Ofcom has published a report of the consumer experience that covers the areas it regulates, namely telecoms, the internet and digital broadcasting. The full report itself runs to a total of 161 pages, of which we will just mention a few points that are relevant to the broadband world.
A key area Ofcom made changes to was the introduction of General Condition 22 (GC22) earlier this year, which improved the support for migrations within the broadband market place. Unfortunately, while this has led to improvements and generally it is easier to change between some products, the more complex arrangements that the growing fully unbundled and shared unbundled markets create are still a work in progress. This latest Ofcom report shows that calls to the BT Wholesale tag line have been falling since April 2007.
The average monthly cost of broadband was £29.83 in 2002, lowering year on year until 2006 when it hit a price point of £14.73. Other telecoms elements like mobile packages and landline calls have also dropped, though land line rental has actually increased by 23p over the four years. The report also compares UK broadband pricing for a 2Mbps service with a 5GB allowance to French, German, Italian and US broadband services. There is little difference between the European countries, but the US is the most expensive in the comparison. As many of our readers will be aware, France and other countries probably have products that go a lot faster and are not much more in terms of cost, so if these were compared to the UK it would not fair so well. Choosing a basic 2Mbps 5GB service reflects more on what would be entry level and should in theory be widely available across the various countries.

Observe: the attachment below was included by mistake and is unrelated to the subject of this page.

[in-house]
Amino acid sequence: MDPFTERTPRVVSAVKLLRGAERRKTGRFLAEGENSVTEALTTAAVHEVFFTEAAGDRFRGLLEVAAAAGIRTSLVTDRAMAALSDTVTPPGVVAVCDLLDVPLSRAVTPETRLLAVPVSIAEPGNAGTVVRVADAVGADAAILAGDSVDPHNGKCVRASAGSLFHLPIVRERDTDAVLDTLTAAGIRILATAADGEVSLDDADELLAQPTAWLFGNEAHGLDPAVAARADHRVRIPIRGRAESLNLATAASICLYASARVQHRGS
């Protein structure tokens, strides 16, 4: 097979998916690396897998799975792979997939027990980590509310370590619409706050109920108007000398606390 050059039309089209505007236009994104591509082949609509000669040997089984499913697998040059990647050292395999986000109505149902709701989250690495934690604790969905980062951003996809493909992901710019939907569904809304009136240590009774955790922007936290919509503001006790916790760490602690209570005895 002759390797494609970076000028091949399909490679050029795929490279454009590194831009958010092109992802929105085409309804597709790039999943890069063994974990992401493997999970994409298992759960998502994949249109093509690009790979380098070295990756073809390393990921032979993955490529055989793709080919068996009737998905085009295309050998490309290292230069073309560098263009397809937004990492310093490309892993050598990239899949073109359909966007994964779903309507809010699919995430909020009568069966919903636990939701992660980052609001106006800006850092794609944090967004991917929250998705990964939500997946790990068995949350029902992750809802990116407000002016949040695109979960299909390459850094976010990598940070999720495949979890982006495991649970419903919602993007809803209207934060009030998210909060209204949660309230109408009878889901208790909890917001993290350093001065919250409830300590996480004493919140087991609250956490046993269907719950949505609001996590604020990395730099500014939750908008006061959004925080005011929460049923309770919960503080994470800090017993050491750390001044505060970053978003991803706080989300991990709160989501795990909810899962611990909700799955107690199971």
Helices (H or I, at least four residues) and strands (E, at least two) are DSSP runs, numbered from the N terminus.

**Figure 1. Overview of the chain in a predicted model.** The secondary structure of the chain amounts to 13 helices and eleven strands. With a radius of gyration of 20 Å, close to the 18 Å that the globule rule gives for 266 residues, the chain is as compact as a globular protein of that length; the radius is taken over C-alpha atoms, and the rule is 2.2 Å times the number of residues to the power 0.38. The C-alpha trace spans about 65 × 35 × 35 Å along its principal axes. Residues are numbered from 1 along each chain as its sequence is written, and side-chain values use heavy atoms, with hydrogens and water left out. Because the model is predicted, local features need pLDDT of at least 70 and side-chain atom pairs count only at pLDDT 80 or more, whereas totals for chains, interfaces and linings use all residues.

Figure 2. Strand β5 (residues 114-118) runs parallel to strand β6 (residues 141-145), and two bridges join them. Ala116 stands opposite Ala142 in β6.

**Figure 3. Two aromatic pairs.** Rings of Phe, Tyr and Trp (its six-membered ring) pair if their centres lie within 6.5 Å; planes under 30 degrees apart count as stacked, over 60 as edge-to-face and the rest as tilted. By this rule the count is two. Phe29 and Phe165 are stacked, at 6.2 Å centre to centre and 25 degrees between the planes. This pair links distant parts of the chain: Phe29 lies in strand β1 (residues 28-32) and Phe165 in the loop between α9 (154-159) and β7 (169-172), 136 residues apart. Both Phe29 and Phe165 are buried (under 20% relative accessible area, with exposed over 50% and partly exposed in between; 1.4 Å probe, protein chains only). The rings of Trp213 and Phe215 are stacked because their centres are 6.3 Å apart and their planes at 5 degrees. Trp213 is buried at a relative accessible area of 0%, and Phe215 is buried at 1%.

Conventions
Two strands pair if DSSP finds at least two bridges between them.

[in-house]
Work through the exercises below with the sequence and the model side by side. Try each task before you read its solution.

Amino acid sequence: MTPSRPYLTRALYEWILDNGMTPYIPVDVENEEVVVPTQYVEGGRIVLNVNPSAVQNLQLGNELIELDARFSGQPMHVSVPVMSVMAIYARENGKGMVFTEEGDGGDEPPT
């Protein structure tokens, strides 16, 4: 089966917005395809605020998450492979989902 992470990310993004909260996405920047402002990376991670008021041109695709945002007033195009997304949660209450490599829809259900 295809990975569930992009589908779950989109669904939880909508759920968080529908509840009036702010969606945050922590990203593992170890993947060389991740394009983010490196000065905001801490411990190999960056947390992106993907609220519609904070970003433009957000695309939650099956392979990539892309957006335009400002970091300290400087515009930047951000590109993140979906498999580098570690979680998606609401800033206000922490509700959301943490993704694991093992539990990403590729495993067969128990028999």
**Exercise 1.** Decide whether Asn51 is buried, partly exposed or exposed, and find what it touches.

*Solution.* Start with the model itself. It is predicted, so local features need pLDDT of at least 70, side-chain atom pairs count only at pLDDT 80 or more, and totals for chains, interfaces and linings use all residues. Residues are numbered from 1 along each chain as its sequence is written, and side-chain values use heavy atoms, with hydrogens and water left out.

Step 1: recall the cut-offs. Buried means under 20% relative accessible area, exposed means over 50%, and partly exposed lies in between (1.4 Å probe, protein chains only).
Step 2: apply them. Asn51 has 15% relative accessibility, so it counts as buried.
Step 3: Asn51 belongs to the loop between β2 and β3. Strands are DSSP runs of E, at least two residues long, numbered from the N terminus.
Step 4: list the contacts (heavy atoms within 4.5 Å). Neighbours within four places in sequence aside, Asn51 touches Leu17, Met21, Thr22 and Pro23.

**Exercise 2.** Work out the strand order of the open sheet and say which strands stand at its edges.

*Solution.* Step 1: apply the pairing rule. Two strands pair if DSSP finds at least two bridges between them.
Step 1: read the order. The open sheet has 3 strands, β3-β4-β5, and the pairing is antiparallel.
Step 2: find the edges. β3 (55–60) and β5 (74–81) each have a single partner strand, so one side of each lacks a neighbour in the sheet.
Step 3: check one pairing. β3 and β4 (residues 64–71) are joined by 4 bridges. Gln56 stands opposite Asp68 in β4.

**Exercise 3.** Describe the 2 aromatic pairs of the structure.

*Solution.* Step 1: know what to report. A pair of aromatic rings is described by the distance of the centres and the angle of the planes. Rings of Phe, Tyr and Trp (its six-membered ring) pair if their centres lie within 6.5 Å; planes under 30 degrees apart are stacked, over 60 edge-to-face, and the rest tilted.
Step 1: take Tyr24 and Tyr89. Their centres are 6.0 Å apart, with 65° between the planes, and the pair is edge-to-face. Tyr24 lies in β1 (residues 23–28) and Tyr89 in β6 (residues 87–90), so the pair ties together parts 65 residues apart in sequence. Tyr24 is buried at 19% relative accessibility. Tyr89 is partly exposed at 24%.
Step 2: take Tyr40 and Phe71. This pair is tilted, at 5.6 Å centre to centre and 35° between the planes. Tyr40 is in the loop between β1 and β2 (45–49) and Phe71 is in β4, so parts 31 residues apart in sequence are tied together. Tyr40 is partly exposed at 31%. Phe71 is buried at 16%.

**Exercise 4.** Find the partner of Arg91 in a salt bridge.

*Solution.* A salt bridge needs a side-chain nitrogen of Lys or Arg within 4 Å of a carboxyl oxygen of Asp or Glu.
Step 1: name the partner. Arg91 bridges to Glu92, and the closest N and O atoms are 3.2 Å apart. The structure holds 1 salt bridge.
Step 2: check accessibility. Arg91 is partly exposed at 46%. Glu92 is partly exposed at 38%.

The data on the awareness of broadband suppliers among the public is somewhat shocking, and suggests suppliers still have some way to go to increase awareness that there is a wide range of product options. 21% of people could only name one broadband provider, 20% two providers, 50% three or more and 8% couldn't name any. Interestingly in 2006 23% could not name any, so the amount of publicity, both good and bad does seem to be having an effect.
Those reading this news item will probably be aware of their internet connection speed, but there are 47% of adults in the Ofcom survey who were unaware of the connection speed when asked. With some further prompting, 73% were able to say whether their connection was faster or slower than 0.5Mbps, 27% did not know.
The report is a mine of useful information including the statistic that 49% of people trust personal sources for info on internet connection related matters, 24% use websites and 15% name the supplier as a source. This clearly shows we, as an independent advice site, have much work ahead of us.